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First Listen: YoCo 96.7 Nashville

Young Country YoCo 96.7 WYCZ Nashville Polow Da DonI realize we might differ on this, but I’m interested in hearing anything, especially a radio station, from the man who produced “London Bridge.” The most polarizing of hit records in 2006, “London Bridge” shot to No. 1 on sales and the event value of being Fergie’s first solo single. Radio moved on to the follow-ups quickly when the album came out, but “London” is now clearly one of the songs that served as the blueprint of Top 40’s “turbo-pop” period of mother/daughter prosperity—addictive repetition; playful edginess. And then its producer, Polow Da Don, gave us “Forever” and proved that he could do confectionary sweetness as well. 

I’m interested in hearing any station that plays with the boundaries of Country music. In Seattle in 1970-71, there was a Country station whose formula for broader appeal was finding pop covers by Country artists, Country covers by pop artists, and anything by any artist who had guested on TV’s “The Johnny Cash Show.” This year, there was “Shallow” by Lady Gaga on WKLB Boston, even before WXKS (Kiss 108) embraced it. In between, there have been enough hybrid stations for three articles, but it’s worth mentioning that WKAZ (Tailgate 107.3) Charleston, W. Va.—the station whose “country and other party songs” format seemed unlikely to be intact after five years–just segued to “Old Town Road” from Van Halen, “Everybody Wants Some.”

So it was pretty much assured that I would take a First Listen to “Young Country” YoCo 96.7, Polow’s foray into radio ownership. (The 96.7 frequency is a West Nashville translator fed by Dickson, Tenn.-area AM WYCZ.) The announcement story appeared a week ago in Billboard, promising Kane Brown, Migos, Chris Young, Bubba Sparxxx, and Taylor Swift. Now, they’re on and streaming and you can add Billie Eilish, Ed Sheeran & Justin Bieber, and Travis Scott’s “Sicko Mode” to that list. 

“Old Town Road” has made “what is Country . . . and who needs this quaint idea of genre anyway?” into a consumer press story. But that debate is always taking place somewhere. Over the years, the answer has reliably been “anything willingly played by at least some stations that self-identify as Country, whether the genre bending comes from inside Nashville or beyond.” Country PDs don’t have a core artist to contend with between Lil Nas X and Billy Ray Cyrus. “Vacation” by Thomas Rhett caused them much more cognitive dissonance.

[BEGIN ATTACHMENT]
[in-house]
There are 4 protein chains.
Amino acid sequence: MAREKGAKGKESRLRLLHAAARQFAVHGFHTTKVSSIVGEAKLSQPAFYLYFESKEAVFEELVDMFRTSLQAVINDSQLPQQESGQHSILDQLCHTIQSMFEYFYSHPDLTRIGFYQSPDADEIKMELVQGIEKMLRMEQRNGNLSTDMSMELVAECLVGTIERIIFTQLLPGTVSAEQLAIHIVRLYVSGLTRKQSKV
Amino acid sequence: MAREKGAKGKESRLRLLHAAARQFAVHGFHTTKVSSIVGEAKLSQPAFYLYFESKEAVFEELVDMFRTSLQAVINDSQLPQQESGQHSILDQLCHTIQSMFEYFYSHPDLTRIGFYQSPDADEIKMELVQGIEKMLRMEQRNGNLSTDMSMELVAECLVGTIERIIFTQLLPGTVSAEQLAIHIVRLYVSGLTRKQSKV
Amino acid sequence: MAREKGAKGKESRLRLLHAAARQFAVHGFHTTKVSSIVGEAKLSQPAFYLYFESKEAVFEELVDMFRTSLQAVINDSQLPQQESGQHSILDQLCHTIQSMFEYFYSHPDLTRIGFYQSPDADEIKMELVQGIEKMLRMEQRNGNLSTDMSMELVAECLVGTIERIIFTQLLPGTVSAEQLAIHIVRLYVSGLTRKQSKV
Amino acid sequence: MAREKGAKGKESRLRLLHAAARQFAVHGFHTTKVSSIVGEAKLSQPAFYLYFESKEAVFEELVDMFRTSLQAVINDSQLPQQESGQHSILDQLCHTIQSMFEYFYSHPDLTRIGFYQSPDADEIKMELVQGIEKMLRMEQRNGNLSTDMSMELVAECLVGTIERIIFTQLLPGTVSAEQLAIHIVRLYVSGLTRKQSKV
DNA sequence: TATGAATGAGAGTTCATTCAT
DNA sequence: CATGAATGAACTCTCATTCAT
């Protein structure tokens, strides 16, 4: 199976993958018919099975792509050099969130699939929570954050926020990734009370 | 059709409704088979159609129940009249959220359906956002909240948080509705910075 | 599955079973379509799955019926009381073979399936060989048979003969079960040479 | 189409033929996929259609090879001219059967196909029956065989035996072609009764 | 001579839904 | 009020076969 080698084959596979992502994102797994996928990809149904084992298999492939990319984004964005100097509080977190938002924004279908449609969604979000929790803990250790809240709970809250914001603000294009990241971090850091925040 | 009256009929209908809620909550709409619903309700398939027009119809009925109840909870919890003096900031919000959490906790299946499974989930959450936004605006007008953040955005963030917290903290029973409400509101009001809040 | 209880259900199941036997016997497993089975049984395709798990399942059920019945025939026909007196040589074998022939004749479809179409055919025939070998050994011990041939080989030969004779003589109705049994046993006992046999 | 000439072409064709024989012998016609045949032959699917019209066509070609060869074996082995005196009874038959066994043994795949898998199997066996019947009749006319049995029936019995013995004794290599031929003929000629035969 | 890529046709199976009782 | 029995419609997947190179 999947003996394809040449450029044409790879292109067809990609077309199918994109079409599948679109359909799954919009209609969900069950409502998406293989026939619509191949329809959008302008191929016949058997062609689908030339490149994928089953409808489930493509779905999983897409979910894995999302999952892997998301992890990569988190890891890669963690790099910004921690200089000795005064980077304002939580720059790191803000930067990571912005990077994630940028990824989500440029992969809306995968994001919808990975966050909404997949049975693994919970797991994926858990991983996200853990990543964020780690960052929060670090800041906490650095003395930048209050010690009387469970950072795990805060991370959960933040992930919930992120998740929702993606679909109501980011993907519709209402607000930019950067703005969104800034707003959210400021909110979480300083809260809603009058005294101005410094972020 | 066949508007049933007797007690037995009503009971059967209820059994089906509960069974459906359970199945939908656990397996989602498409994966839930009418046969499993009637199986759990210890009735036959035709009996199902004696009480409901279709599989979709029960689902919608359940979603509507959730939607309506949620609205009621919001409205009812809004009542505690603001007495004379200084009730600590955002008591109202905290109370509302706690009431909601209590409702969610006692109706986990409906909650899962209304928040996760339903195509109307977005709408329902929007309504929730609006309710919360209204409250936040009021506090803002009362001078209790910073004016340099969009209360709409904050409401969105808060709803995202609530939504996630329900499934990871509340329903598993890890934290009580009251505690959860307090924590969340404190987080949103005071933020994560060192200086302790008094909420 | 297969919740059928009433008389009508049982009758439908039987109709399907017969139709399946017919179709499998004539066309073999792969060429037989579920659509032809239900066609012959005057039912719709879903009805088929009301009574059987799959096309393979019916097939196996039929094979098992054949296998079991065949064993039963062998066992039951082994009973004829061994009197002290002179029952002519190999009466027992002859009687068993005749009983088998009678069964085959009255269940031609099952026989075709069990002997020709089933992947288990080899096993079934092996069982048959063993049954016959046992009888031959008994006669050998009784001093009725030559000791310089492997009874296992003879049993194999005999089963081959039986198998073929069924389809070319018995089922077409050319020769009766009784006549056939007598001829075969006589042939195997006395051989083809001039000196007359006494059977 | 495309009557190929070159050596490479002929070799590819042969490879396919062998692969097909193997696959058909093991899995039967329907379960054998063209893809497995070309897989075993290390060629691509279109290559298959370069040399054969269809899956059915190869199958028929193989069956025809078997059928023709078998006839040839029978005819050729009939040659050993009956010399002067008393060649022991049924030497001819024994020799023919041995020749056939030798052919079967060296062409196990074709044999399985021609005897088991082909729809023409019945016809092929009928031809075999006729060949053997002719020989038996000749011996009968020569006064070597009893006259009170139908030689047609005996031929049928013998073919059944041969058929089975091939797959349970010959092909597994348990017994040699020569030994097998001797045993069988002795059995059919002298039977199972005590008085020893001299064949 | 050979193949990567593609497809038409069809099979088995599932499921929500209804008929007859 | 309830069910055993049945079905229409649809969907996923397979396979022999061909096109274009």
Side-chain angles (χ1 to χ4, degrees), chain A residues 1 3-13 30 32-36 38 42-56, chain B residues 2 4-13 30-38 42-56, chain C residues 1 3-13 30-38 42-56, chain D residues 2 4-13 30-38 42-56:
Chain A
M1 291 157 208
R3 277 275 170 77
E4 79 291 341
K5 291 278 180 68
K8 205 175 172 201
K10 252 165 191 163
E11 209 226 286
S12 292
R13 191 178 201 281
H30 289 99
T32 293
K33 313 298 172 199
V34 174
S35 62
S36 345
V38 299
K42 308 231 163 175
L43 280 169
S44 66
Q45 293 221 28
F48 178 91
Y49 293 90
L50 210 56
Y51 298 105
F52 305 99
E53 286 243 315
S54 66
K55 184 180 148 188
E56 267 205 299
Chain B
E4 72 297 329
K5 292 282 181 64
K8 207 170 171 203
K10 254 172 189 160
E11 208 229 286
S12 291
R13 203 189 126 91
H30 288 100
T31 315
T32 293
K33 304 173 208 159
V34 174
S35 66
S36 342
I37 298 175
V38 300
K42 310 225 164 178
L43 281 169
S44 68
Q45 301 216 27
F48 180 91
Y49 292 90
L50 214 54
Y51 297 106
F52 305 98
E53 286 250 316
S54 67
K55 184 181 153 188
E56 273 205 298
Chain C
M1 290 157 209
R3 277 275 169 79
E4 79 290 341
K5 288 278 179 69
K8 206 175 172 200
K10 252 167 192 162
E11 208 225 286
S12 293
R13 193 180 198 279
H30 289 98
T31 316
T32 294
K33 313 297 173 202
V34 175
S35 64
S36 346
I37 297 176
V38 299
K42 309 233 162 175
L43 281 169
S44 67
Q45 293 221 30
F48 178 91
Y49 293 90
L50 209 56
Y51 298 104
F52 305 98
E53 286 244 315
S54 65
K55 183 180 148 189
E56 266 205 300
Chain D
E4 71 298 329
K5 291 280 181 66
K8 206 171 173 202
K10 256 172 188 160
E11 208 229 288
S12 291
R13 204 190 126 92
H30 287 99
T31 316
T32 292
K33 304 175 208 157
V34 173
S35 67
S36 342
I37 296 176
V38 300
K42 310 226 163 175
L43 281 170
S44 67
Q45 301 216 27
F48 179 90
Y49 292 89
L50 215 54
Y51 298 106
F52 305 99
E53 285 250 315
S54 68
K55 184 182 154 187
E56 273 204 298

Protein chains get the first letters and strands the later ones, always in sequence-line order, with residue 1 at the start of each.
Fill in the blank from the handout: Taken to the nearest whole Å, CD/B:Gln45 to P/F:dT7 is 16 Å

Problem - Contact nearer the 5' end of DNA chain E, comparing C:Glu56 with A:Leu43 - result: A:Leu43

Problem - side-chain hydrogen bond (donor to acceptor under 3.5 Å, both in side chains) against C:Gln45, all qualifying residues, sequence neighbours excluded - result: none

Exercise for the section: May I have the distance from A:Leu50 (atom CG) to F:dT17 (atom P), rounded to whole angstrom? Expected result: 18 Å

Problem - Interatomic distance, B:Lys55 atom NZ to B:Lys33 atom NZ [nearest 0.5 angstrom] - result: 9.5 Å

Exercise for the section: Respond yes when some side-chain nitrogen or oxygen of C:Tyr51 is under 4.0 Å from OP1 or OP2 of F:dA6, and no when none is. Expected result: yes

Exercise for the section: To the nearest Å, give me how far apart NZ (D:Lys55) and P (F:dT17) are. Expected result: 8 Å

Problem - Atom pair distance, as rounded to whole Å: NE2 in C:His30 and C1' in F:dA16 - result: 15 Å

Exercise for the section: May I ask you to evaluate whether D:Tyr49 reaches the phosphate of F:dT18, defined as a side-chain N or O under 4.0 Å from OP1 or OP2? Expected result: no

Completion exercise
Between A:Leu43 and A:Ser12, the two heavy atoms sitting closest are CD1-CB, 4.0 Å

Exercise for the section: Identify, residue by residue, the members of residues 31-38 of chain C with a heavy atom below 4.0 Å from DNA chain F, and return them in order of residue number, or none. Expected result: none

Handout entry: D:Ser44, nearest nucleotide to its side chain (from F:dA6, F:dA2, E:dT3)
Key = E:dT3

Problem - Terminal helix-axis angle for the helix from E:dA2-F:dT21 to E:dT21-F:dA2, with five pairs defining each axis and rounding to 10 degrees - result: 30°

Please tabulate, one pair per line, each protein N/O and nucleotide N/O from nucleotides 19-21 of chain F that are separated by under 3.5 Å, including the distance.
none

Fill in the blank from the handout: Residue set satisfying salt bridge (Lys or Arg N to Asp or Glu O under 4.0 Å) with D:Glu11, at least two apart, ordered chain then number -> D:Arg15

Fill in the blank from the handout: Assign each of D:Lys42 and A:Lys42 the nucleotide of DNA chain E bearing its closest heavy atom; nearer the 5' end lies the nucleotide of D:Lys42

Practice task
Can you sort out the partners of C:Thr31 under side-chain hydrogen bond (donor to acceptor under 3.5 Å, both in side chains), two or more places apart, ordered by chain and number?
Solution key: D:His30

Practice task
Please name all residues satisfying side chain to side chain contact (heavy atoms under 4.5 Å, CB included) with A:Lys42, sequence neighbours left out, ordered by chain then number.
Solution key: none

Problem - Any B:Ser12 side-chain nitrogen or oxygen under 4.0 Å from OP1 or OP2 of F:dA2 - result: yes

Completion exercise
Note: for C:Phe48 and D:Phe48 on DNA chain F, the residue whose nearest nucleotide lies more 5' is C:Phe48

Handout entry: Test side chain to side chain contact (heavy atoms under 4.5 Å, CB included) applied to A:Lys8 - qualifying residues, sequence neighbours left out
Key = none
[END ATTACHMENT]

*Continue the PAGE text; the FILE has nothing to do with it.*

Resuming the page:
Song after song, YoCo is an exercise in the parameters of the format, and that includes the Country acts. I feel pretty safe in calling “Break Up With Your Girlfriend” pop, not Country. But some Country PDs feel that way about Thomas Rhett, “Look What God Gave Her” and there’s pop airplay to prove it. Is Maren Morris, “The Bones” more Country than “The Middle” because she’s the lead artist, not the feature?

If YoCo 96.7 were calling itself something other than “Young Country,” I’d probably explain its mix to radio friends as “the DJ set that includes Country and anything else you can two-step to.” Or “the station for the 19-year-old who likes everything, including Country.” But if there’s a Country station that plays “Shallow,” and one that plays Van Halen, why can’t there be one that plays “Sicko Mode”? (That song followed Offset’s “Zeze,” making for an effective Travis Scott double-play.) From Hip-Hop to Country to pop, most of today’s hit music owes something to the sound of Atlanta that Polow and numerous others helped foster. 

Programmers have been trying to pull off the Country/Classic Rock hybrid for 30 years, but you could also create a pretty awesome station by merging Country with Southern Soul. In the late ‘70s and early ‘80s, acts such as Barbara Mandrell and Millie Jackson made careers of pulling songs across genre lines. Then Jackson played a live show on WHN New York, the Country station best known for its use of crossovers in the ‘70s and ‘80s. (Former WHN PD Ed Salamon says he would play “Old Town Road” today, if you’re wondering. And between Jackson and Mandrell, one of them would cover “Break Up With Your Girlfriend.”)

At this moment, YoCo is mostly jockless, with just one ID (a combination legal and sponsorship ID for Litecoin cryptocurrency). The music seems to be on a loop for now; what I heard yesterday afternoon was what I heard early this morning as well. The Billboard article promises more to come, and the potential is certainly in hearing what a creator of hit records does with an entire station. Here’s YoCo on June 10 at 4:15 p.m.:

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